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Mapping phenotypic and aetiological associations between ADHD and physical conditions in adulthood in Sweden: a genetically informed register study
The Lancet Psychiatry  (IF27.083),  Pub Date : 2021-07-06, DOI: 10.1016/s2215-0366(21)00171-1
Ebba Du Rietz, Isabell Brikell, Agnieszka Butwicka, Marica Leone, Zheng Chang, Samuele Cortese, Brian M D'Onofrio, Catharina A Hartman, Paul Lichtenstein, Stephen V Faraone, Ralf Kuja-Halkola, Henrik Larsson


Emerging evidence suggests increased risk of several physical health conditions in people with ADHD. Only a few physical conditions have been thoroughly studied in relation to ADHD, and there is little knowledge on associations in older adults in particular. We aimed to investigate the phenotypic and aetiological associations between ADHD and a wide range of physical health conditions across adulthood.


We did a register study in Sweden and identified full-sibling and maternal half-sibling pairs born between Jan 1, 1932, and Dec 31, 1995, through the Population and Multi-Generation Registers. We excluded individuals who died or emigrated before Jan 1, 2005, and included full-siblings who were not twins and did not have half-siblings. ICD diagnoses were obtained from the National Patient Register. We extracted ICD diagnoses for physical conditions, when participants were aged 18 years or older, from inpatient (recorded 1973–2013) and outpatient (recorded 2001–13) services. Diagnoses were regarded as lifetime presence or absence. Logistic regression models were used to estimate the associations between ADHD (exposure) and 35 physical conditions (outcomes) in individuals and across sibling pairs. Quantitative genetic modelling was used to estimate the extent to which genetic and environmental factors accounted for the associations with ADHD.


4 789 799 individuals were identified (2 449 146 [51%] men and 2 340 653 [49%] women), who formed 4 288 451 unique sibling pairs (3 819 207 full-sibling pairs and 469 244 maternal half-sibling pairs) and 1 841 303 family clusters (siblings, parents, cousins, spouses). The mean age at end of follow-up was 47 years (range 18–81; mean birth year 1966); ethnicity data were not available. Adults with ADHD had increased risk for most physical conditions (34 [97%] of 35) compared with adults without ADHD; the strongest associations were with nervous system disorders (eg, sleep disorders, epilepsy, dementia; odds ratios [ORs] 1·50–4·62) and respiratory diseases (eg, asthma, chronic obstructive pulmonary disease; ORs 2·42–3·24). Sex-stratified analyses showed similar patterns of results in men and women. Stronger cross-disorder associations were found between full-siblings than between half-siblings for nervous system, respiratory, musculoskeletal, and metabolic diseases (p<0·007). Quantitative genetic modelling showed that these associations were largely explained by shared genetic factors (60–69% of correlations), except for associations with nervous system disorders, which were mainly explained by non-shared environmental factors.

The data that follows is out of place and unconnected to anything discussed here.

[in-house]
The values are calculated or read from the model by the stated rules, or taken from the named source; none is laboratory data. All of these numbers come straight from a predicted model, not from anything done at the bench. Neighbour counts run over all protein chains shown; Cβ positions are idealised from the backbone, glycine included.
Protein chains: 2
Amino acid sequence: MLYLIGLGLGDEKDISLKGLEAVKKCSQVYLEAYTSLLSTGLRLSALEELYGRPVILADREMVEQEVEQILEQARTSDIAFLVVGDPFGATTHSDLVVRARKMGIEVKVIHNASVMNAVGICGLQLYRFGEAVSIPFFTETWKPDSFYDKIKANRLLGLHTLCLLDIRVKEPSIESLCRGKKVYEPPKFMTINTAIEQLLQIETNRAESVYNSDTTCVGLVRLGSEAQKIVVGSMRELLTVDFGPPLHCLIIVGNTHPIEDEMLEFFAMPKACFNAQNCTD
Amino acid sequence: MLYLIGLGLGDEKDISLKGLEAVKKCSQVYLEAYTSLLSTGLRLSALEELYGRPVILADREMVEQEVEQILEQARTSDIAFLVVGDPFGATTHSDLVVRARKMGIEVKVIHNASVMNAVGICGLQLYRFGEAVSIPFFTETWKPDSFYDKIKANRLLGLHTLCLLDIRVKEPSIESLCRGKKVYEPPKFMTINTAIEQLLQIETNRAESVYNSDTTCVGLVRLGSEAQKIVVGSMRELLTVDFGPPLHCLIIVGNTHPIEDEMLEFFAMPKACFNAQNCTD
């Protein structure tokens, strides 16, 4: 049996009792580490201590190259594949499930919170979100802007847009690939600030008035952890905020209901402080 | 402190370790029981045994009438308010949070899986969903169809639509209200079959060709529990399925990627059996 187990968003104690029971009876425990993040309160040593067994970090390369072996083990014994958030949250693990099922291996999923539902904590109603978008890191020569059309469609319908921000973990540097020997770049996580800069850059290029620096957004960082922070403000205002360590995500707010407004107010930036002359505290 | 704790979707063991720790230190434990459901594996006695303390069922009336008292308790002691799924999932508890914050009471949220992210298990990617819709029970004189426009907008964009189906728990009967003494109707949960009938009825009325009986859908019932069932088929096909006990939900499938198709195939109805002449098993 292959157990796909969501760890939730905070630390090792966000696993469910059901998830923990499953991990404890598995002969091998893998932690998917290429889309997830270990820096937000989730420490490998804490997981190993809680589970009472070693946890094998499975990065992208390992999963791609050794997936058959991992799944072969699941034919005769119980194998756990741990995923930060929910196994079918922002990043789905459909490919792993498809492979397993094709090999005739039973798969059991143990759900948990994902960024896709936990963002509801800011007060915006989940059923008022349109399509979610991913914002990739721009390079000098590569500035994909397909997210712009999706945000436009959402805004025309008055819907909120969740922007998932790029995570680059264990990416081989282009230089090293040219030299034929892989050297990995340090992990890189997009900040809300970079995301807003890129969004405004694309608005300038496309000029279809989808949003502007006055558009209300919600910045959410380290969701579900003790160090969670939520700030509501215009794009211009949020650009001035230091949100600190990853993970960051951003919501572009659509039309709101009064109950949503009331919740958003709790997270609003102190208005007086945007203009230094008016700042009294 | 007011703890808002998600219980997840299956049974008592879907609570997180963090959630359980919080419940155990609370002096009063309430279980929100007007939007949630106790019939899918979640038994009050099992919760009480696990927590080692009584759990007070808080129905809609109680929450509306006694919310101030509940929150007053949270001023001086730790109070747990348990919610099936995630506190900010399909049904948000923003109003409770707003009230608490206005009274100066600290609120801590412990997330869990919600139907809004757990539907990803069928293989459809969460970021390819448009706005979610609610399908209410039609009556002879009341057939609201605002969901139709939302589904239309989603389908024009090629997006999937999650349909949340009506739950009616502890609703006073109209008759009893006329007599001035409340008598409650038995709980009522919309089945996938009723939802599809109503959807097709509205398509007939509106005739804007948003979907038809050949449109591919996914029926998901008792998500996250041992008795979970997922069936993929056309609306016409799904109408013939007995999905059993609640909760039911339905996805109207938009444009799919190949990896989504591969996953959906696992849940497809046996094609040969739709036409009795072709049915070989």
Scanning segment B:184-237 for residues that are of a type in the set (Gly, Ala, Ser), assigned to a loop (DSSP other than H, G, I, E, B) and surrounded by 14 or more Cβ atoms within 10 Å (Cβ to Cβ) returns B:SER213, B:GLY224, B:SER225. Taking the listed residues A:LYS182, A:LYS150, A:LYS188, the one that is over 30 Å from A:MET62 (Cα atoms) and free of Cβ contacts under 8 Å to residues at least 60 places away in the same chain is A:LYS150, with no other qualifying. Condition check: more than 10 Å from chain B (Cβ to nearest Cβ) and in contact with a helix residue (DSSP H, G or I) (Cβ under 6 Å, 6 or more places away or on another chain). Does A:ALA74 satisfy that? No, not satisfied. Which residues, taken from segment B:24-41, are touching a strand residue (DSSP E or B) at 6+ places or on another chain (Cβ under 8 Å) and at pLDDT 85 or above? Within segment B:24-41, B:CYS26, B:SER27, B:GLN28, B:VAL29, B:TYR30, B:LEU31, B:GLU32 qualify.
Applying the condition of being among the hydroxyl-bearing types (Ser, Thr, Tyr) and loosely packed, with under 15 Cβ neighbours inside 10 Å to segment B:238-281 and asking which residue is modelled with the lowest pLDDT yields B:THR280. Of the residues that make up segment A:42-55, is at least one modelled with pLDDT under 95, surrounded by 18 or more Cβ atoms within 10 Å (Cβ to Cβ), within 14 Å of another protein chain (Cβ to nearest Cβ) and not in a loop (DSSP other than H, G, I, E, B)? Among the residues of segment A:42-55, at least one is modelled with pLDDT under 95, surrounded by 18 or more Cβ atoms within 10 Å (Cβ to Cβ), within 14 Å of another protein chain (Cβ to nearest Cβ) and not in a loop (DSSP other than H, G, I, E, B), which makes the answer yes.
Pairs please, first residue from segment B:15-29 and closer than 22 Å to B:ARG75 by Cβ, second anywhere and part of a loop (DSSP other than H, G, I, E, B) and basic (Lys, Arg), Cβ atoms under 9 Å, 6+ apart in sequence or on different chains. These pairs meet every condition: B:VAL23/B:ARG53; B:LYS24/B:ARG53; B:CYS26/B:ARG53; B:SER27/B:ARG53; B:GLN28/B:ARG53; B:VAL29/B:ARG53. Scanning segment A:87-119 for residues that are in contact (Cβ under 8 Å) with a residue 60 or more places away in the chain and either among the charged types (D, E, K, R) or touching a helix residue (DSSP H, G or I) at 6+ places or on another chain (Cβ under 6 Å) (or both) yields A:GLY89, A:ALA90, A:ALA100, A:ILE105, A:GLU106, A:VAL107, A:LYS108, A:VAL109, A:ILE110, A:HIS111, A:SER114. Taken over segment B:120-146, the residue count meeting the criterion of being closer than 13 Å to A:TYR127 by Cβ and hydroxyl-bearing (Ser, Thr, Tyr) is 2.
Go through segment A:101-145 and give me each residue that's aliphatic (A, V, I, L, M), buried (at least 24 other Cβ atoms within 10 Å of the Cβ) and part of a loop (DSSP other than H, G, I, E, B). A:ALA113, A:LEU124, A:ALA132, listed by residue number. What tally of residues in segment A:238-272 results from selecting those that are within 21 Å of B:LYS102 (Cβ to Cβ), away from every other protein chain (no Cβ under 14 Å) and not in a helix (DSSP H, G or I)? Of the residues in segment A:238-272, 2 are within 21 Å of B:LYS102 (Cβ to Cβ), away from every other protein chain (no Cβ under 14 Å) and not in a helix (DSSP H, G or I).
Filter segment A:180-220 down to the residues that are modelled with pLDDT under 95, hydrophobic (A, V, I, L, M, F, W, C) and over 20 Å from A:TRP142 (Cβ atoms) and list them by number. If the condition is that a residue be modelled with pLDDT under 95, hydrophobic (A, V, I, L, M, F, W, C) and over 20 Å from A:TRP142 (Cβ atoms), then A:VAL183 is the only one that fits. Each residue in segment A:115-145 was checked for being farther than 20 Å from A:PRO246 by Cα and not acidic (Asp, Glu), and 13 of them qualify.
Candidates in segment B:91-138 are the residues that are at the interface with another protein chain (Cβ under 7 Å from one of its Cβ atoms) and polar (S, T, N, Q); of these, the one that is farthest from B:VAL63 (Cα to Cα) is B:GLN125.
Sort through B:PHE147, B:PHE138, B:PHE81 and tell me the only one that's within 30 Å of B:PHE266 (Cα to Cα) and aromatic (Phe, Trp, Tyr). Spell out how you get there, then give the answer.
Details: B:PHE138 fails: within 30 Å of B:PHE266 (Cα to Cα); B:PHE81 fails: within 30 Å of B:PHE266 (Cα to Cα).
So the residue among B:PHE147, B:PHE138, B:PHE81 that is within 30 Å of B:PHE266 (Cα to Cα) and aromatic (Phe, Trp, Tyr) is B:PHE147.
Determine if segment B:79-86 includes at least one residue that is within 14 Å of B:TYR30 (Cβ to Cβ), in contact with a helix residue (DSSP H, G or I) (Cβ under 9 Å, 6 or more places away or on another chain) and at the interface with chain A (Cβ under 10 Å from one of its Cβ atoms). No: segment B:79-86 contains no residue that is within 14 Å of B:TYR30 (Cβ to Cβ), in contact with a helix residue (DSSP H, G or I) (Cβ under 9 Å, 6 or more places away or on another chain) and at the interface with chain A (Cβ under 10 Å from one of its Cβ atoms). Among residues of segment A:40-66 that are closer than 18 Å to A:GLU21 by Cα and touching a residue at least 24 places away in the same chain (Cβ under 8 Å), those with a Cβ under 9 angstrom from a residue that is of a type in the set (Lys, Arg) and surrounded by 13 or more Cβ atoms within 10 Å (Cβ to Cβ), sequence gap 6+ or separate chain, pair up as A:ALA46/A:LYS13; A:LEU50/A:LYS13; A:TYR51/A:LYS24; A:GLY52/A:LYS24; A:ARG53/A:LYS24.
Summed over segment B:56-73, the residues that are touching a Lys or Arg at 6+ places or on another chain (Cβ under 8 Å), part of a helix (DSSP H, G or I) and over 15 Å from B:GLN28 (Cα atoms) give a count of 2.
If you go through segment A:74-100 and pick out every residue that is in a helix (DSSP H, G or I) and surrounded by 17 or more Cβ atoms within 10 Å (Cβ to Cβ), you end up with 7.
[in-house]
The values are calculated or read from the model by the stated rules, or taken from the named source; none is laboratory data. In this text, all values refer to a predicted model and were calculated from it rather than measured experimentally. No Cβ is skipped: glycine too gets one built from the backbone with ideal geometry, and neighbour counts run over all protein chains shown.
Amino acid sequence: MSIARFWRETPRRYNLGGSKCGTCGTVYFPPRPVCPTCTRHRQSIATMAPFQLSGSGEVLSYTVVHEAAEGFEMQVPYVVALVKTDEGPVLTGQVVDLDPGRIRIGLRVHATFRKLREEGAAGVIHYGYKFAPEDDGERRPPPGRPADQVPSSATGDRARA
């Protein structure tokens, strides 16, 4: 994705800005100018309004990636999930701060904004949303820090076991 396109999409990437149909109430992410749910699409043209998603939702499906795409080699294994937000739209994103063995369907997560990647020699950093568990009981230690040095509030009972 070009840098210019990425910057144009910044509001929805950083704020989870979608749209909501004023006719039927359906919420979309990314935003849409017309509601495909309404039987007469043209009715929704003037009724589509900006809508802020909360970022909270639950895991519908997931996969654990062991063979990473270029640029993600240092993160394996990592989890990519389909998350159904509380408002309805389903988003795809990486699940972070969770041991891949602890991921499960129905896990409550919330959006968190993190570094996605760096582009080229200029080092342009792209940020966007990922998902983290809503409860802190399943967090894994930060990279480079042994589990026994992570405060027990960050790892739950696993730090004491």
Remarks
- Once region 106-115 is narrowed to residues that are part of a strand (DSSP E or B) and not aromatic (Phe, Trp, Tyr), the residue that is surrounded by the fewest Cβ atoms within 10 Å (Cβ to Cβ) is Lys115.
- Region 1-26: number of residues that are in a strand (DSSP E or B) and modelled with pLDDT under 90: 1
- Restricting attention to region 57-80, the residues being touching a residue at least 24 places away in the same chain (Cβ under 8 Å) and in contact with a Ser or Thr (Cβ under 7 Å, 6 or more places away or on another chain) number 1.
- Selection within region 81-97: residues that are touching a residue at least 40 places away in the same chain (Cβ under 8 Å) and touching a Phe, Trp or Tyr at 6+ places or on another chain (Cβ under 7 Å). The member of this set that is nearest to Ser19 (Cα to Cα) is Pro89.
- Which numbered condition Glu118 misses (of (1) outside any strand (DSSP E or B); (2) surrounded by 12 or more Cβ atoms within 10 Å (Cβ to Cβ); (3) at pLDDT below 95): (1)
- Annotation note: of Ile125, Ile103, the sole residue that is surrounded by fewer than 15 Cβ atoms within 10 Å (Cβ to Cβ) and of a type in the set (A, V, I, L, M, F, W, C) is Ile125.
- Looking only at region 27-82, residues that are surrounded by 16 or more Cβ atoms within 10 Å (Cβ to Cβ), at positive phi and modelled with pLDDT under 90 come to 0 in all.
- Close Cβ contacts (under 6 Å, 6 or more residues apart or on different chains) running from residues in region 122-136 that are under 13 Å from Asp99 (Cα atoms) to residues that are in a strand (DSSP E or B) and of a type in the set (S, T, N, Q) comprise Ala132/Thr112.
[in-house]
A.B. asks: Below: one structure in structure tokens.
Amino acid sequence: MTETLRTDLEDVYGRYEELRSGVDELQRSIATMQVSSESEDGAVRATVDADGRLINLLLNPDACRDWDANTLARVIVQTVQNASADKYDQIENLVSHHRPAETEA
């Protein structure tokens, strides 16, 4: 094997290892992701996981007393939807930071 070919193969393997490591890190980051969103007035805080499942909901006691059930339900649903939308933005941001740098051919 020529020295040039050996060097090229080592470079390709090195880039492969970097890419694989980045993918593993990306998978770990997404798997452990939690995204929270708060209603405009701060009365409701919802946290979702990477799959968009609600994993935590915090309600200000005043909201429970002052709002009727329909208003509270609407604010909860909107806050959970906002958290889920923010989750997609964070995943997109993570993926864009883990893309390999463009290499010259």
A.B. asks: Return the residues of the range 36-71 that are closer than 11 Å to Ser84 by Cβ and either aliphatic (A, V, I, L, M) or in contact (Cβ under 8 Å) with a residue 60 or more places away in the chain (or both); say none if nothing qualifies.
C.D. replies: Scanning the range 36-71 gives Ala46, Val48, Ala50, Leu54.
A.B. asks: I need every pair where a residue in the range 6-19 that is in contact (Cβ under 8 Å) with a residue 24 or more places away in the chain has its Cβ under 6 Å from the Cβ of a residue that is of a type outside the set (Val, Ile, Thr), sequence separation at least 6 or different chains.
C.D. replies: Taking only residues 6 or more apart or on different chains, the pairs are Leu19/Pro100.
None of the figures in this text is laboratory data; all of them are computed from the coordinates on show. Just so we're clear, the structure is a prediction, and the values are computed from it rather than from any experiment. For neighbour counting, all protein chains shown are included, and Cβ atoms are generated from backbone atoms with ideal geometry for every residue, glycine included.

This mapping of aetiological sources of cross-disorder overlap can guide future research aiming to identify specific mechanisms contributing to risk of physical conditions in people with ADHD, which could ultimately inform preventive and lifestyle intervention efforts. Our findings highlight the importance of assessing the presence of physical conditions in patients with ADHD.


Swedish Research Council; Swedish Brain Foundation; Swedish Research Council for Health, Working Life, and Welfare; Stockholm County Council; StratNeuro; EU Horizon 2020 research and innovation programme; National Institute of Mental Health.